How to talk Kewl, part one of a two part thoughtful essay:
Let us take you on a journey through the history of internet language (‘e-speak’) and the reasons why you should be ashamed to use it, ROFLMAO!!
The author is…
trying to figure out why someone can speak so eloquently, and obviously have a refined intellect in person — and then voluntarily reduce himself to speaking like a moron as soon as his Buddy List pops up. Very intelligent people typing like third graders. An attitude that once you’re behind the semi-anonymous mask of a screen name, your actions no longer represent you. So I’m going to think out loud (TOL) a bit.
Internet shorthand acronyms are really just a logical and extensive addition to the already huge number in common use throughout the speaking world: ASAP, RSVP, AWOL, XYZ. In that way, I feel that they are often acceptable — and in fact useful.
It’s when the internet gained popular appeal that this all became a) a rampant phenomenon with everyday people; b) a written dialect of its own; c) very, very irritating to me.
U instead of You. Two blinking keystrokes. Two. They are all within four keys of each other. Look at them. They’re right there. All for the purpose of efficiency. Two keystrokes separating the images of educated and ‘lame.’ Is the convenience worth it? I’m not buying it. It has to be something else, something deeper-rooted socially, a monkey-see-monkey-do deal. Maybe it’s terrorists. When confronted with it, people don’t even really know why they type this way. They have seen other people doing it, other people who are assumedly “more experienced” with the internet and its largely unwritten rules and etiquette. People, as you’ve heard millions of times, want to be accepted, to fit in, to look like they’re ‘in’. They type ‘u’ instead of ‘you’ and type ‘LOL’ instead of ‘haha’ because that’s just the way it’s done, and who really cares? Just go with the flow. 50 million Elvis fans, and all that.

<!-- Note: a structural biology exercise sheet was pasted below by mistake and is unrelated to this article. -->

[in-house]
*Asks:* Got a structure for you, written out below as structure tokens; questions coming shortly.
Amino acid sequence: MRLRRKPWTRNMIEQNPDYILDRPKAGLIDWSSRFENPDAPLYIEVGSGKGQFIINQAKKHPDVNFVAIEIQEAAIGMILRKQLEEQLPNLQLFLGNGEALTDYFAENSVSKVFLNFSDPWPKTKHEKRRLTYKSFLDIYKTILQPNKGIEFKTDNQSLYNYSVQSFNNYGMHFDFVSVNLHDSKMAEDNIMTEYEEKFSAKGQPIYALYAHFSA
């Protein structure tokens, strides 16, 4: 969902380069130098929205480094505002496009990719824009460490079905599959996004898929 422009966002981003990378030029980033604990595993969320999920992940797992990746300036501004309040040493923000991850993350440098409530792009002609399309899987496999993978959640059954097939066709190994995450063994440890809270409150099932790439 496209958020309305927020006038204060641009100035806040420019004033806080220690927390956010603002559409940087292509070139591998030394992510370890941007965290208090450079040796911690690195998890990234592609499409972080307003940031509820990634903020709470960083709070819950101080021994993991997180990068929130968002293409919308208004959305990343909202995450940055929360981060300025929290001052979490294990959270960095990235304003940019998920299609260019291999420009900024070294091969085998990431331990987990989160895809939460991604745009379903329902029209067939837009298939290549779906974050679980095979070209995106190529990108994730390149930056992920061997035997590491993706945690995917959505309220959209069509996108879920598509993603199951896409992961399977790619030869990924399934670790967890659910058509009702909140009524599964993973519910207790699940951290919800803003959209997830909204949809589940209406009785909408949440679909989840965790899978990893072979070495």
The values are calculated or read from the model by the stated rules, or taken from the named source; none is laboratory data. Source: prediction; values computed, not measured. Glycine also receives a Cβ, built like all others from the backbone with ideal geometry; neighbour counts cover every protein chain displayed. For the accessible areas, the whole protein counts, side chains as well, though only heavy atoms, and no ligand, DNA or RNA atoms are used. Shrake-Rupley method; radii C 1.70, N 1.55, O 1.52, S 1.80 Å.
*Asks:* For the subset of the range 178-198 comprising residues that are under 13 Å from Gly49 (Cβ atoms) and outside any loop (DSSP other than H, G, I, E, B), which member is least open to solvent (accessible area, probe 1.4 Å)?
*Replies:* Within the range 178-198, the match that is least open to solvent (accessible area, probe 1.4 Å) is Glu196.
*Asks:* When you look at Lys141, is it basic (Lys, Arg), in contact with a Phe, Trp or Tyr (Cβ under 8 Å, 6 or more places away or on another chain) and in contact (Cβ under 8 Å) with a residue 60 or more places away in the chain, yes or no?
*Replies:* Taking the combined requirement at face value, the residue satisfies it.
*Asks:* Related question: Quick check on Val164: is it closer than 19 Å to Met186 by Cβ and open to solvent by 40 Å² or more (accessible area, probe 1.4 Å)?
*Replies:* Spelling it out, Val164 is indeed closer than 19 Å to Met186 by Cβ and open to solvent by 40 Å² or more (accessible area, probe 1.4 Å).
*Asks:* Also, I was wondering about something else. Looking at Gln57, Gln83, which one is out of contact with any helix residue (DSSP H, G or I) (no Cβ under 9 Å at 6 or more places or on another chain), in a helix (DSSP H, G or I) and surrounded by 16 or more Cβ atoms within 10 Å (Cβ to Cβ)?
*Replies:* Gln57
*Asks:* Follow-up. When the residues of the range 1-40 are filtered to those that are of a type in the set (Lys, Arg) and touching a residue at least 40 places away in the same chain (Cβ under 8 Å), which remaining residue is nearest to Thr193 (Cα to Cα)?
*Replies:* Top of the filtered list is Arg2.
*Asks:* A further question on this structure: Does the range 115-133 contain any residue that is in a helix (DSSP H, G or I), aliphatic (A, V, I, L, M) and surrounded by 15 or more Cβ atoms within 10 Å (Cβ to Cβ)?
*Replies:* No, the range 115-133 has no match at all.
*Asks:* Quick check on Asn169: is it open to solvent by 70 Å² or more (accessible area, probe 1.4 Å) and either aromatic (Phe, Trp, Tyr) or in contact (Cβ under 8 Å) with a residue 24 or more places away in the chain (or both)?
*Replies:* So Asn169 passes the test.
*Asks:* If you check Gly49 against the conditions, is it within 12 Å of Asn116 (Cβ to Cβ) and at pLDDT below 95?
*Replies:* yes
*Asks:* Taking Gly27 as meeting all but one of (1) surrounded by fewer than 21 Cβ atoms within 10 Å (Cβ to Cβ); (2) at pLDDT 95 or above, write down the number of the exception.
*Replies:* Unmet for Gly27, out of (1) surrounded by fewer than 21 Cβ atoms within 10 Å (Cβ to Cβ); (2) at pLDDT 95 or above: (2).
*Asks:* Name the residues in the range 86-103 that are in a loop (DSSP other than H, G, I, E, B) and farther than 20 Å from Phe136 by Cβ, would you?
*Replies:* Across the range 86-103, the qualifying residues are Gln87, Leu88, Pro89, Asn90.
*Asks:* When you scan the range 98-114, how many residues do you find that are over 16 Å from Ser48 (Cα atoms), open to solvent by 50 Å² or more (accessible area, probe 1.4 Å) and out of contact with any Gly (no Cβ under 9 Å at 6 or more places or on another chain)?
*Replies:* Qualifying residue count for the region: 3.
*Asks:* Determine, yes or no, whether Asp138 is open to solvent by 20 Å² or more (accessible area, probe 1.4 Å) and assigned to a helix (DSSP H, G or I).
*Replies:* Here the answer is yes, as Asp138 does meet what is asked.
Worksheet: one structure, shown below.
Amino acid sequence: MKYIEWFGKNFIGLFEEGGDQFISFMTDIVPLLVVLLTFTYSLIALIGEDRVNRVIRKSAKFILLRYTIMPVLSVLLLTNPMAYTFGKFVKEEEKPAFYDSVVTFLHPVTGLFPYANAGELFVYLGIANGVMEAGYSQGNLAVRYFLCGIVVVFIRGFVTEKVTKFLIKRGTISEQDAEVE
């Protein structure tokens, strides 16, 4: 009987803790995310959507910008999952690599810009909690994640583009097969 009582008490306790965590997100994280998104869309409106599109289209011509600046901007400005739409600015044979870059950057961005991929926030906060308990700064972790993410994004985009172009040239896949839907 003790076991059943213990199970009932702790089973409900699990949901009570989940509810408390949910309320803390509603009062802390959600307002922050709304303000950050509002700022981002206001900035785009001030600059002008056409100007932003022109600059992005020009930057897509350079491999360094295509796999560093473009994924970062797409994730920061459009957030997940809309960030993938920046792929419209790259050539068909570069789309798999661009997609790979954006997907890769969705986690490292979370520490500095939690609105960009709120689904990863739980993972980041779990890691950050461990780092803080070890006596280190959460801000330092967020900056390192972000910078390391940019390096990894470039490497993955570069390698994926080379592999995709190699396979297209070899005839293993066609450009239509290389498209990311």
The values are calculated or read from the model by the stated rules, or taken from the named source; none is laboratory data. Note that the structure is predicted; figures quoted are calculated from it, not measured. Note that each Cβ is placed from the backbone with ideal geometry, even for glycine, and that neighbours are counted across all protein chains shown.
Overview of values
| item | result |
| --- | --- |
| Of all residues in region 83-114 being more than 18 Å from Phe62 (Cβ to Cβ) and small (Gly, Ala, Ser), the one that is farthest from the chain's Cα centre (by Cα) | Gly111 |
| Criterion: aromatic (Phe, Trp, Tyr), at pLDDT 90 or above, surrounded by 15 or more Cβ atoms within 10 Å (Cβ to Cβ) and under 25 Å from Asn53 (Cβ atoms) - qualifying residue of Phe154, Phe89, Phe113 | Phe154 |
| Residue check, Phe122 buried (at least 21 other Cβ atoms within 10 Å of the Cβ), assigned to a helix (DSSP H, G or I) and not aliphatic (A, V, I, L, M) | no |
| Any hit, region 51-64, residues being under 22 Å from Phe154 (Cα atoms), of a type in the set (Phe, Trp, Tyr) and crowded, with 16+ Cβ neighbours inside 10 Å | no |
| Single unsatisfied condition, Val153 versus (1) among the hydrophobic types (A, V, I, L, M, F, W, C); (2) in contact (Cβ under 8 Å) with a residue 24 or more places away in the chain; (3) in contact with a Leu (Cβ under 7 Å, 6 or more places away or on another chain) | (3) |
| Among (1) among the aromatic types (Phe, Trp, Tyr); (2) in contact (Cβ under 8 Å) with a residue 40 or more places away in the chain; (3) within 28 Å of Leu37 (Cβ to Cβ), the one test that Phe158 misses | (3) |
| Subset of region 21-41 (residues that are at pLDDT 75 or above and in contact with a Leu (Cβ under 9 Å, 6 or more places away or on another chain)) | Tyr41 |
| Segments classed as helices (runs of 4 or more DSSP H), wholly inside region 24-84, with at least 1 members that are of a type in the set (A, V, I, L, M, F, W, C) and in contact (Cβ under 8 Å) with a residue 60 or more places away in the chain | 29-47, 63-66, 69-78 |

Ranked 39,201 on amazon.com: How to Good-Bye Depression: If You Constrict Anus 100 Times Everyday. Malarkey? or Effective Way?
First read the book’s description, then read the reviews. Here’s one reviewer’s comments:
I actually bought the damn book
In a flurry of humor, depression, and morbid curiosity, I actually went and bought this damn book. […] Its method for combating depression is something that I have yet to even consider trying, but as a general humor book, this is probably one of the funniest and most bizarre reads you’ll encounter. I still randomly open to a page, read it, and feel better about whatever the heck was bringing me down in the first place. Get this book for comedy, not for advice.
how i know i’m warped, a blog entry about trying to figure out the humor in the cartoon above.
I laughed at both the cartoon and the author’s essay.
Coffins too boring for you? How about a tomb? An Egyptian tomb! EternityTravel.com:
We give the discerning, God(s)-fearing ancient Egyptian consumer the tools and information to plan for a safe, speedy, comfortable trip to the afterlife. Here on EternityTravel.com, you can:
– rent or buy the perfect tomb
– schedule reliable mummification services
– purchase a quality mummy case
– and order all the necessary Eternity Extras
– all in a few easy steps, with no lines or waiting!
The Forgotten Technology:
…many times I had to improvise on tools that were not at hand in order to get the job done.
At one of these times, about 12 years ago, I had to remove some 1200 lb. saw cut concrete blocks from an existing floor. The problem was that we did not have a machine that could reach some of the blocks. The only obvious answer was to break the blocks into smaller pieces with a sledgehammer and load them into a wheelbarrow. To me, this seemed to be too much labor at the time, so I improvised.
He uses no special tools to move massive amounts of stone and concrete:
… working alone [I] could easily move a 2400 lb. block 300 ft. per hour with little effort, and a 10,000 lb. block at 70 ft. per hour. I also stood two 8 ft. 2400 lb. blocks on end and placed another 2400 lb. block on top. This took about two hours per block. I found that one man, working by himself, without the use of wheels, rollers, pulleys, or any type of hoisting equipment could perform the task.
I think he’s going to build some pyramids or something.